Google's Lunar XPRIZE Has Narrowed to Five Teams

Five teams are competing for $30 million in prizes, but all teams will share a $1 mm diversity award.

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Five teams have confirmed launch contracts to place an unmanned spacecraft on the Moon, but it looks like all 16 Google Lunar XPRIZE teams are coming out winners. Google and xPrize announced that it will split a $1 million Diversity Prize between the 16 remaining teams in the $30 million competition.

The Google Lunar XPRIZE is a global competition for privately-funded teams to launch and land an unmanned spacecraft on the Moon's surface that can explore at least 500 meters and transmit high-definition video and images back to earth for the public to watch.

The first team to achieve this goal wins $20 million, and the second team to complete the objective will take home $5 million. Several other "bonus prizes" will be awarded to competing teams. However, the $1 million Diversity Prize appears to be new, or at least isn't listed in the guidelines. The award is being granted to recognize the different technical approaches and achievements all teams have made.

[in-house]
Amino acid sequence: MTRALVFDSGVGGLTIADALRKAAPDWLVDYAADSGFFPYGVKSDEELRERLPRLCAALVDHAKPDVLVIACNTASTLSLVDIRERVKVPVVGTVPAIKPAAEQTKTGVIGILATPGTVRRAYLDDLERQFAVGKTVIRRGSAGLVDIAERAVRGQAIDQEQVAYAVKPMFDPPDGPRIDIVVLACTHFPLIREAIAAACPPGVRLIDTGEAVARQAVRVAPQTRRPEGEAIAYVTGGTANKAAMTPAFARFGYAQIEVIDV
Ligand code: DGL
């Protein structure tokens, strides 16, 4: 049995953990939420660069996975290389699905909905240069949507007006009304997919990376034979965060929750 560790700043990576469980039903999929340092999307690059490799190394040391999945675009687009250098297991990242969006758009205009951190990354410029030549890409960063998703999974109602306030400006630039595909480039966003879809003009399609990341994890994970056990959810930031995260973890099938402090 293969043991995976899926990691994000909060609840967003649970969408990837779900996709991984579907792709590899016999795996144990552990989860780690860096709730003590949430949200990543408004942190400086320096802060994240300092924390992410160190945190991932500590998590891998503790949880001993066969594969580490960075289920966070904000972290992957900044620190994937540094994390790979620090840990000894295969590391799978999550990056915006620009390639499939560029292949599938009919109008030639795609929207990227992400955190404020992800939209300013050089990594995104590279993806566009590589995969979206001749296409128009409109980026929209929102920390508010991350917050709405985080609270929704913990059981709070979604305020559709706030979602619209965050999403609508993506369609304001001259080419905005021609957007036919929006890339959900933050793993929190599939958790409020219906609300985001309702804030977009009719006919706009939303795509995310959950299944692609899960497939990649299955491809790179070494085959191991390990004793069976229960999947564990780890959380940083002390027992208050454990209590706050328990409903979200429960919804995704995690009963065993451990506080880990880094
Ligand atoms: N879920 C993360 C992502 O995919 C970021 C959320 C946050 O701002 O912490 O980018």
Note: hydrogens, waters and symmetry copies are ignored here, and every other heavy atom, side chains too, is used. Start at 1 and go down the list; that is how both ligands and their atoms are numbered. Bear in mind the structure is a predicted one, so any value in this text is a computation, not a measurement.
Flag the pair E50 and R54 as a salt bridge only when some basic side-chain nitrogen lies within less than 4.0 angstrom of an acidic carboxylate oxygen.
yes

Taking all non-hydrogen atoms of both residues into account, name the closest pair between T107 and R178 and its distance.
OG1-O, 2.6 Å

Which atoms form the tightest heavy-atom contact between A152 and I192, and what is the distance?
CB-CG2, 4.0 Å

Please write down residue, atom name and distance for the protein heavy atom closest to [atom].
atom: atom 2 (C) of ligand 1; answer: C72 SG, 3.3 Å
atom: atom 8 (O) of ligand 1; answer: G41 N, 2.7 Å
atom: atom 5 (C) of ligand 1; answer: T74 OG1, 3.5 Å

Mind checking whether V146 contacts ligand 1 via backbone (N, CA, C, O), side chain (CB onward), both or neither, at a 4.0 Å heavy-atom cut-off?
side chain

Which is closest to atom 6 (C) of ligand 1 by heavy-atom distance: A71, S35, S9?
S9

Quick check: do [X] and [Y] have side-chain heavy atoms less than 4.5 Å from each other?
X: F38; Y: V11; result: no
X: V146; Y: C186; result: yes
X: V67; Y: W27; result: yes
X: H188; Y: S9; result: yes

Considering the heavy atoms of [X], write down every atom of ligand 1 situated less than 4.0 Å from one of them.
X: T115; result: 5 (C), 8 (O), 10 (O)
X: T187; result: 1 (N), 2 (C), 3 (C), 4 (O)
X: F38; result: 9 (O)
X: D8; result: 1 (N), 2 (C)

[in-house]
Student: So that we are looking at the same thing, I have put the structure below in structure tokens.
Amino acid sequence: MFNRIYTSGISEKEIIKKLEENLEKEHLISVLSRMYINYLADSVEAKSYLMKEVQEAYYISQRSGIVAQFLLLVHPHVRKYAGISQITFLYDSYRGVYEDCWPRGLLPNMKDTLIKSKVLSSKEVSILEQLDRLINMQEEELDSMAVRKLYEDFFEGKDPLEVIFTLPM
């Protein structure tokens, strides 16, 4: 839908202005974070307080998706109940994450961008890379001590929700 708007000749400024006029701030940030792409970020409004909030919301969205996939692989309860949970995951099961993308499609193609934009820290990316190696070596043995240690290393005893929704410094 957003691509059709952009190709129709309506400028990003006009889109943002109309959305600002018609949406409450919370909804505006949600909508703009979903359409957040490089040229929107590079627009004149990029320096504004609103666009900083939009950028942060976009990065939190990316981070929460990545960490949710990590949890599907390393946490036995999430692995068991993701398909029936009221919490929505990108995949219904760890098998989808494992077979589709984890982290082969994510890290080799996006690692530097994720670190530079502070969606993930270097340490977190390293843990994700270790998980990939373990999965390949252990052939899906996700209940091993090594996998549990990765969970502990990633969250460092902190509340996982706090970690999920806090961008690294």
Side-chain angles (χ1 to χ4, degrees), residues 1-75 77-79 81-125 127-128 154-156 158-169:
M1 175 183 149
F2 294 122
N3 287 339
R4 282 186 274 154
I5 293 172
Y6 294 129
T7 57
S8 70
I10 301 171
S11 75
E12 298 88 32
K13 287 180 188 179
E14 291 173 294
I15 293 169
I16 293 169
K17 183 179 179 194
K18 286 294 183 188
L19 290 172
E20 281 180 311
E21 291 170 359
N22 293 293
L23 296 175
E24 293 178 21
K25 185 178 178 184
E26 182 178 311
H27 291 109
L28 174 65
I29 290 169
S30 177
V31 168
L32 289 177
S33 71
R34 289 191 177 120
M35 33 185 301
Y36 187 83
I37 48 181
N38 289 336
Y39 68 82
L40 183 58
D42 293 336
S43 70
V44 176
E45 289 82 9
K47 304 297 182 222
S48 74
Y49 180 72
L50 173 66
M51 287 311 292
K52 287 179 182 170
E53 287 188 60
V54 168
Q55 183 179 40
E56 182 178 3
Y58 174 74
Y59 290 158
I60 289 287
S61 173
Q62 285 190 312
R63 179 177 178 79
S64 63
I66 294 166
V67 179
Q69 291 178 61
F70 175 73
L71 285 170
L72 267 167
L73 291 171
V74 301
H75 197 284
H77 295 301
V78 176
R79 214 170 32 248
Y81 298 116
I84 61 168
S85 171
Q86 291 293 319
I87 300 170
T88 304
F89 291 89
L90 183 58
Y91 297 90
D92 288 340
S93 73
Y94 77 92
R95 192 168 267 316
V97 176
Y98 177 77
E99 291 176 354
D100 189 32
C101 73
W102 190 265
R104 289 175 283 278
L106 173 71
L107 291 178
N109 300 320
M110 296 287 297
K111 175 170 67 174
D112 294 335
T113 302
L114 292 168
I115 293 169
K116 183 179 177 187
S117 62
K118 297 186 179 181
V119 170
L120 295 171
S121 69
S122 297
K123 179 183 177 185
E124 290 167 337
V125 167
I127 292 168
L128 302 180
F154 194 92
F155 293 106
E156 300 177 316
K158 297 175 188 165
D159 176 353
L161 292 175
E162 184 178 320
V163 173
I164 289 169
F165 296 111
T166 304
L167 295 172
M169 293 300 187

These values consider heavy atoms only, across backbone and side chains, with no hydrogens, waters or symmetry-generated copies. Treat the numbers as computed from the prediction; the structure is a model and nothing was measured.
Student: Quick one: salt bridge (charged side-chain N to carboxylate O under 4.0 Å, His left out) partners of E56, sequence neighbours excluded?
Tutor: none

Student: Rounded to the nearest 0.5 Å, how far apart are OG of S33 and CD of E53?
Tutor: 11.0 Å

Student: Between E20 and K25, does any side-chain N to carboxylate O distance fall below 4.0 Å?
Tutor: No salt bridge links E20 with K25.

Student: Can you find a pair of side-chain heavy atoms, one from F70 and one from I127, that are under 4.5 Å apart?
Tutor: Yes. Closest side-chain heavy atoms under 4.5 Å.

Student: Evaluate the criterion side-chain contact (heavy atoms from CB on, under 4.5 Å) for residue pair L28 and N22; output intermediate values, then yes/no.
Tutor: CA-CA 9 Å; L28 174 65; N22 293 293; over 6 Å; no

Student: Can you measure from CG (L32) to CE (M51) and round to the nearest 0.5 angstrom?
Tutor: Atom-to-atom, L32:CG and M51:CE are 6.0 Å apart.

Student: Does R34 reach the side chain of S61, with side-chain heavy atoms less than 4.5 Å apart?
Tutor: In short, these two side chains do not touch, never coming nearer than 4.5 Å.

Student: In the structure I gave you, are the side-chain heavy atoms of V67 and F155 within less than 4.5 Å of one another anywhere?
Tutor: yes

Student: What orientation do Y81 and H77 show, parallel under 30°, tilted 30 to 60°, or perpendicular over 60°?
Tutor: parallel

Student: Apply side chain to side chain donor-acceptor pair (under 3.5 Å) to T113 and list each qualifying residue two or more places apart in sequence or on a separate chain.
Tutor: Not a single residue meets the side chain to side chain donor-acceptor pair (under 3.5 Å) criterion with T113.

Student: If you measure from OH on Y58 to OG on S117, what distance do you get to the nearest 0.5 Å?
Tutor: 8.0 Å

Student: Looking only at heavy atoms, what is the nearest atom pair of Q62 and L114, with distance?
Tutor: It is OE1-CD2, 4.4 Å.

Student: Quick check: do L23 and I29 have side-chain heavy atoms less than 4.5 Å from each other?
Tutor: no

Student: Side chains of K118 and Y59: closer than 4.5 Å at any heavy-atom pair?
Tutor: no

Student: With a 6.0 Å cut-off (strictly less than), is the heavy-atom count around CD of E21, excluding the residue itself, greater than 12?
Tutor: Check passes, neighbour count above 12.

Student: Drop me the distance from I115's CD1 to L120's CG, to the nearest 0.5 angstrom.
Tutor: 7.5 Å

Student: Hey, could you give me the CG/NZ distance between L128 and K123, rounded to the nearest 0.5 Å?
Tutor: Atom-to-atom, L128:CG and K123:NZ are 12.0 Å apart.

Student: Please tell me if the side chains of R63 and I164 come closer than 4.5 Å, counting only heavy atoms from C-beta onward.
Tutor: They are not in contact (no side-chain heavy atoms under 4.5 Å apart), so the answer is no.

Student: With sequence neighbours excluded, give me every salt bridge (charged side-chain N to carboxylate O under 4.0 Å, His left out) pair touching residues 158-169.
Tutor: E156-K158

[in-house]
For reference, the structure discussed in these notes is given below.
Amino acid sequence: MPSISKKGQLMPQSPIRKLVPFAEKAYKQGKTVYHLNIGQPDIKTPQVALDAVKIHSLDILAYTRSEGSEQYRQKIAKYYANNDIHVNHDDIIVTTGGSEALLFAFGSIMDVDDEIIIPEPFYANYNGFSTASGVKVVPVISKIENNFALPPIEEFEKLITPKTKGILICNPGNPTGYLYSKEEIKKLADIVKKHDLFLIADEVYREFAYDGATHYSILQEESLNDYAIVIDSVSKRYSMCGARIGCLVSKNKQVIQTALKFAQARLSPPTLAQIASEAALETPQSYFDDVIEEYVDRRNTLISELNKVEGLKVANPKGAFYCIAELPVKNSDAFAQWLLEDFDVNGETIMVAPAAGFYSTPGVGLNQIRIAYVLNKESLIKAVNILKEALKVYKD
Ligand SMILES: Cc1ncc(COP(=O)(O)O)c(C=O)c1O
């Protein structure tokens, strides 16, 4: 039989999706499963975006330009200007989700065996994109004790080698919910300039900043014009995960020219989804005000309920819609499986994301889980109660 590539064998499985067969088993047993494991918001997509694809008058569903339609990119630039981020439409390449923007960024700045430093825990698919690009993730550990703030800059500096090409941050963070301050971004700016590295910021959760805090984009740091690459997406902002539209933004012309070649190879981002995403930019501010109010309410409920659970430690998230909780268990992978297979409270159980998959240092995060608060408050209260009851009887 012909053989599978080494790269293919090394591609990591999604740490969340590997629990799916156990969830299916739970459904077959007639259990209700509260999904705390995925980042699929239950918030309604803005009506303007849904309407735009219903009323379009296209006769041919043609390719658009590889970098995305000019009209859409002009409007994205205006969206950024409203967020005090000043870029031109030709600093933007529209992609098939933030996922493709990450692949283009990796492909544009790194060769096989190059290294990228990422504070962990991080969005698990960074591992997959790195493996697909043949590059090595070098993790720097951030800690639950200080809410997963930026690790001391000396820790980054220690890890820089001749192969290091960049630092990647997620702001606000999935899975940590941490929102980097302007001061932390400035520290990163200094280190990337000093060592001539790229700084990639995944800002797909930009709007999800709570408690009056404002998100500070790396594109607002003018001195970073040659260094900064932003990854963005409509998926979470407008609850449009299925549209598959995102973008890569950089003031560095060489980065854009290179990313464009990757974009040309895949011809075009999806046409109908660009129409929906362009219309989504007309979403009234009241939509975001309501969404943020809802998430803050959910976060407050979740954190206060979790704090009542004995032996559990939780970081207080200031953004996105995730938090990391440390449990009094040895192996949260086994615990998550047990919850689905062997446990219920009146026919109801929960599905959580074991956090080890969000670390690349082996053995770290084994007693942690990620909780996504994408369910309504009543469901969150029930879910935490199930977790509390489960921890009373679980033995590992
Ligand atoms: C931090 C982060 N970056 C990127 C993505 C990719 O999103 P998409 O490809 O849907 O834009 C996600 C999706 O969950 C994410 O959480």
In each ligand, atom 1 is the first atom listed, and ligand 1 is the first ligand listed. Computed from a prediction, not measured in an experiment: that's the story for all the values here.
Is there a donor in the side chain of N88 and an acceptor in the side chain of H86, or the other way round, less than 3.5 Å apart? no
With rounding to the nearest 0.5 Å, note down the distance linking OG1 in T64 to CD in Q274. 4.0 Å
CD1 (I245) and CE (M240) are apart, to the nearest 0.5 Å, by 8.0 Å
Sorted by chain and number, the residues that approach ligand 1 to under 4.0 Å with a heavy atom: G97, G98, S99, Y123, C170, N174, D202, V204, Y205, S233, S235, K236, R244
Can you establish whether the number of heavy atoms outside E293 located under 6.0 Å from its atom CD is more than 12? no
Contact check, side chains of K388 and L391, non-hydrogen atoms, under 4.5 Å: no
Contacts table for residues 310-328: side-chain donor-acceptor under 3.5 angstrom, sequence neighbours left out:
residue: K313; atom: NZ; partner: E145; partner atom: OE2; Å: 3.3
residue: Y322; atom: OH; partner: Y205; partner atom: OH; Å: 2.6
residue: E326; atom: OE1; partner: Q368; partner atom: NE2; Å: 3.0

“Each of these teams has pushed the boundaries to demonstrate that you don’t have to be a government superpower to send a mission to the Moon, while inspiring audiences to pursue the fields of science, technology, engineering, and mathematics,” said Chanda Gonzales-Mowrer, senior director of Google Lunar XPRIZE, in a news release.

SpaceIL, Moon Express, Synergy Moon, Team Indus, and Hakuto have verified launch contracts scheduled for for 2017, and the teams have released specifics of how they're planning to accomplish their heady mission.

SpaceIL (Tel Aviv, Israel): Designing a “hopper” style of spacecraft that is scheduled to launch with SpaceX in 2017.

Moon Express (Cape Canaveral, Florida): Designed a hopping Moon lander that will launch with New Zealand’s Rocket Lab from Mahia, New Zealand in late 2017.

Synergy Moon (International): Developing a suite of space exploration products, including the NEPTUNE L-1000 Rocket, CYGO Cruiser, Lunar Lander, Tesla Prospector Rover, Tesla Surveyor Rover, and TubeSats.

Team Indus (India): The start-up will use India’s ISRO space agency's PSLV rocket to launch and land its ECA Moon rover on December 28th, 2017.

Hakuto (Japan): creating a lightweight and compact rover that will ride on the back of Team Indus' Moon Lander on its journey to the Moon, scheduled to launch on December 28, 2017 from Sriharikota, India.